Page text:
Review of Megamind


Movie Review: "Megamind"

-- Rating: PG (action, some language)
Length: 95 minutes
Release Date: November 5, 2010
Directed by: Tom McGrath
Genre: Animation/Action/Comedy

"Megamind" is a rare comedy that features a villain who the audience truly wants to root for, in this case the titular character. It isn't easy to pull off a successful antihero character, but the film does it well and with lots of laughs.

Megamind (Will Ferrell) is a victim of circumstance when growing up, so he is a villain through no fault of his own. He was born on a faraway planet, where he and his soon-to-be nemesis, Metro Man (Brad Pitt), were each placed in separate rocket ships at a young age. It is believed that both of their fates are on planet Earth, so that's where the rockets head. Metro Man has the great fortune of landing in Metro City, where a very rich, warm-hearted couple finds and raises him. Megamind lands in a prison, where he is taken in by hardened criminals.

When Megamind finds out about the disparity between their upbringings, he becomes insanely jealous. Metro Man is all good looks and amiable personality, while Megamind is big-headed and blue-skinned. Where Metro Man is popular, Megamind is picked on. He comes to the conclusion that if people don't like him and he is picked on, he might as well be bad so they have a reason not to like him. This is obviously the wrong conclusion, but for someone as unfortunate as himself, it does make sense to see things that way.

While Megamind is plotting his revenge on Metro Man, Metro City, and the inhabitants, he does have a little fun with the media. Local reporter Roxanne Ritchi (Tina Fey) finds out about these two super-powered alien beings and conducts interviews with both of them. Roxanne is beautiful, smart, and funny, just what both Metro Man and Megamind are looking for in a woman. As it turns out, her cameraman Hal (Jonah Hill) also has a huge, unrequited crush on Roxanne.

The battle with Metro Man over Roxanne's heart is the final straw for Megamind, who begins to hatch his plan of revenge. He kidnaps Roxanne, which forces Metro Man to have to rescue her. This scenario happens more than once, with Metro Man successfully rescuing Roxanne each time, much to Megamind's chagrin. Megamind's plan is to kill Metro Man when he comes to rescue Roxanne, but he fails miserably until one day, he lucks out.

With Metro Man no more, Megamind becomes bored and decides to create a new superhero to fight using faithful cameraman Hal as his guinea pig. He just happens to have some of Metro Man's DNA, which he injects into Hal, creating Tritan. Unfortunately, Tritan is not up to snuff, setting the stage for Megamind's inevitable conversion from villain to hero.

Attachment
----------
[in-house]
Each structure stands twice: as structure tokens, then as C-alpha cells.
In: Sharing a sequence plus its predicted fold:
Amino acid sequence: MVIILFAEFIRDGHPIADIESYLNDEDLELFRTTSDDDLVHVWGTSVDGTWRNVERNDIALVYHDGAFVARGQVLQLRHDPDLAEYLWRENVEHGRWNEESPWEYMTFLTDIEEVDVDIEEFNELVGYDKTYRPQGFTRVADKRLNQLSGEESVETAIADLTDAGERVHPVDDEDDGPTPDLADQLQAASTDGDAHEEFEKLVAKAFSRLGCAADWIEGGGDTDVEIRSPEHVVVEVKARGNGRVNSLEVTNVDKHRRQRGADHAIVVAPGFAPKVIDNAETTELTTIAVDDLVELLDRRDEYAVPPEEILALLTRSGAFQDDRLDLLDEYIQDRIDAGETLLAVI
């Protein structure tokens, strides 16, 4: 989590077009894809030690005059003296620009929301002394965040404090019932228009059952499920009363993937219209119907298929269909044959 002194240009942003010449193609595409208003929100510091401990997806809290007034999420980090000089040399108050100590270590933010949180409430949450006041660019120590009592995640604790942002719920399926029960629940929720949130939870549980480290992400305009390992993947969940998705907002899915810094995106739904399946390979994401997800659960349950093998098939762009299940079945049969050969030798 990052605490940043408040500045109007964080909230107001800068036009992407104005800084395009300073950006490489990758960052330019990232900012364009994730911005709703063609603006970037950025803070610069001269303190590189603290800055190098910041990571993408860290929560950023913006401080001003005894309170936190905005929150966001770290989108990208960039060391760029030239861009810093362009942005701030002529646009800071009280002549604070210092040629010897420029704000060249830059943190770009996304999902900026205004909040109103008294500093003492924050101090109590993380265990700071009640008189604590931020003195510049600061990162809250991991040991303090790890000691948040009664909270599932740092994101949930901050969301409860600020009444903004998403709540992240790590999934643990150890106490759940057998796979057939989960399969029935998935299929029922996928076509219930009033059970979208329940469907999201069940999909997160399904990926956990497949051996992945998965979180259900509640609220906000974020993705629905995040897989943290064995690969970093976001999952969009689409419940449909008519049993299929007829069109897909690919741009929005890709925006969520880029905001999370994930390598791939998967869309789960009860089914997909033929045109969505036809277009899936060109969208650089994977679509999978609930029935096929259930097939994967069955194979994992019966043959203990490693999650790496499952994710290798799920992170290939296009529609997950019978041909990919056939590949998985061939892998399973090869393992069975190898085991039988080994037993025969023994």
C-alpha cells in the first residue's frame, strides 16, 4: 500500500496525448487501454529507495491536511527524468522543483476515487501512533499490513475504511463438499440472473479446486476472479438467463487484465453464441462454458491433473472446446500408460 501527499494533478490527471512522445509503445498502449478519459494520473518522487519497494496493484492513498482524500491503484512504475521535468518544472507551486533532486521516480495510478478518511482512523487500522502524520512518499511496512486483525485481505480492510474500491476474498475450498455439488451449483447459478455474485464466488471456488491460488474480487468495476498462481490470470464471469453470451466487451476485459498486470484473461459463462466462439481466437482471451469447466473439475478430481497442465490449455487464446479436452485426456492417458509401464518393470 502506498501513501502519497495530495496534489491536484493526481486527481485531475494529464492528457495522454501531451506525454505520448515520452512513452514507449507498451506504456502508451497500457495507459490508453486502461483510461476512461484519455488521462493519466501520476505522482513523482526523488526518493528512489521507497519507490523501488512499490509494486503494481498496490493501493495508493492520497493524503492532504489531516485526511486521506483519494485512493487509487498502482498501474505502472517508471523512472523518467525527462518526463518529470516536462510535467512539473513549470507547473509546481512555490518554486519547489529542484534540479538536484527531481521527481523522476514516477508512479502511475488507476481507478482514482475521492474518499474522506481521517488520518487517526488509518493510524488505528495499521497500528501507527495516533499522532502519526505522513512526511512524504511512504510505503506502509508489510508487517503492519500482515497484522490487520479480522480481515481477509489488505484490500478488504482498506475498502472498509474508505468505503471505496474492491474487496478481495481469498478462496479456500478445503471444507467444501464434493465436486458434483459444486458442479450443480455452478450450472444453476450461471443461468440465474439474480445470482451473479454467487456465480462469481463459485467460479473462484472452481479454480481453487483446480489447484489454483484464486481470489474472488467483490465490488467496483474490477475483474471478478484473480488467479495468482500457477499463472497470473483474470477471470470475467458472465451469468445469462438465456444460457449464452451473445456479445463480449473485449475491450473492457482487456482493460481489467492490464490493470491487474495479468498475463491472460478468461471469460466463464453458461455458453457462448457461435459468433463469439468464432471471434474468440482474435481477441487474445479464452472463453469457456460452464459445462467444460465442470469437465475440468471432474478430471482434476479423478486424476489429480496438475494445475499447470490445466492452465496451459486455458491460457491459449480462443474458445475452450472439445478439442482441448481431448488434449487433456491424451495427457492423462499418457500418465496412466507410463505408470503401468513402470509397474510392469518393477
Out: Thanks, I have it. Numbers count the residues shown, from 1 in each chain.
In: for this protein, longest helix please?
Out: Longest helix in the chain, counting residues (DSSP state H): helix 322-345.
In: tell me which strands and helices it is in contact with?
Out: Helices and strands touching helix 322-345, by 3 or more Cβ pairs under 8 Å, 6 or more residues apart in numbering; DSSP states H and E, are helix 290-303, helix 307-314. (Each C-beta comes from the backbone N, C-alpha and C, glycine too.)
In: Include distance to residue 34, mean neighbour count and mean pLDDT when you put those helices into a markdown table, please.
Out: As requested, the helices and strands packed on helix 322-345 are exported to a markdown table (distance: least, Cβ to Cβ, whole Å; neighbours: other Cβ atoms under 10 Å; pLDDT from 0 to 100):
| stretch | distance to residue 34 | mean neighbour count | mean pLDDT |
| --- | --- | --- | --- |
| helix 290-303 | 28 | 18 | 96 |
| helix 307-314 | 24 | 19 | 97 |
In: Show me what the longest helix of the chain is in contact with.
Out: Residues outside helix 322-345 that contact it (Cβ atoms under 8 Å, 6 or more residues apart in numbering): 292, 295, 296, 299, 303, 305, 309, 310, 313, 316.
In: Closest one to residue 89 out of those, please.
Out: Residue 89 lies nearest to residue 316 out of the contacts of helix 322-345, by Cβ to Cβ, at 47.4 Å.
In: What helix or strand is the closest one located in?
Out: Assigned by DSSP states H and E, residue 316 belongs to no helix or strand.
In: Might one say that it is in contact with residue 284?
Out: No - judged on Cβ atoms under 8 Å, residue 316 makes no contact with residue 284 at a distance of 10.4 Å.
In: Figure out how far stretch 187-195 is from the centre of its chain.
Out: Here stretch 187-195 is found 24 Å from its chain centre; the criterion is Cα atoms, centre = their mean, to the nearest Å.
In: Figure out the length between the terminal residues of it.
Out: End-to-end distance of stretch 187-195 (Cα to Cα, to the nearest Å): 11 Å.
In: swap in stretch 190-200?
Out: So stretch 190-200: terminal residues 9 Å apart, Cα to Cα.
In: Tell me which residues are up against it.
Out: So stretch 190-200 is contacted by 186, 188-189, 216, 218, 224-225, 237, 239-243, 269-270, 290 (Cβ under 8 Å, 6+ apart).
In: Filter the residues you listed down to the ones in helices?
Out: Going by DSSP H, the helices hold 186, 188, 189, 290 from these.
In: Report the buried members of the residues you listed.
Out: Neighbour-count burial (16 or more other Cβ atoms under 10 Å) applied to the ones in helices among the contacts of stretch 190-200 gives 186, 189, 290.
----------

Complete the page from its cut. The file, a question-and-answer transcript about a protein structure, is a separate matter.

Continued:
"Megamind" comes across as an animated homage to another comic book hero, Superman. There are a lot of parallels, not the least of which is the fact that Megamind and Metro Man came from another planet, just like Superman comes from Krypton. In both cases, youngsters were launched to Earth and raised by humans. Roxanne is a viable stand-in for Lois Lane, while Hal (before he becomes Tritan) is a more anemic version of Jimmy Olsen.

Ferrell is an inspired choice to voice Megamind. His trademark way of mispronouncing words for laughs is on full display here, as his character can't say "Metro City" properly. He manages to subdue the maniacal aspect of some of his past characters to give a more subdued performance here. It works to a great effect without sacrificing any laughs.

Fey also does an excellent job as the plucky reporter Roxanne. It is easy to see why three different men spend the entirety of the movie pining for her. Writers Alan J. Schoolcraft and Brent Simons could have easily made her fall for Metro Man, much like Lois Lane fell for Superman. They decided to put a twist on this usual superhero trope, so Roxanne ends up falling for nobody. It's a refreshing way to change things up and stray a bit from the "Superman" homage.

"Megamind" also shows that 3D is well suited to animated movies. A few scenes really come alive with the use of 3D technology, particularly one scene where it is pouring rain outside. Director Tom McGrath obviously has a good eye for what works with this special technology and what doesn't. If a sequel to "Megamind" is made, DreamWorks would do well to hire him to take the helm once more, since this film is both a visual beauty and comic wonder.

Rating: 4 out of 5 stars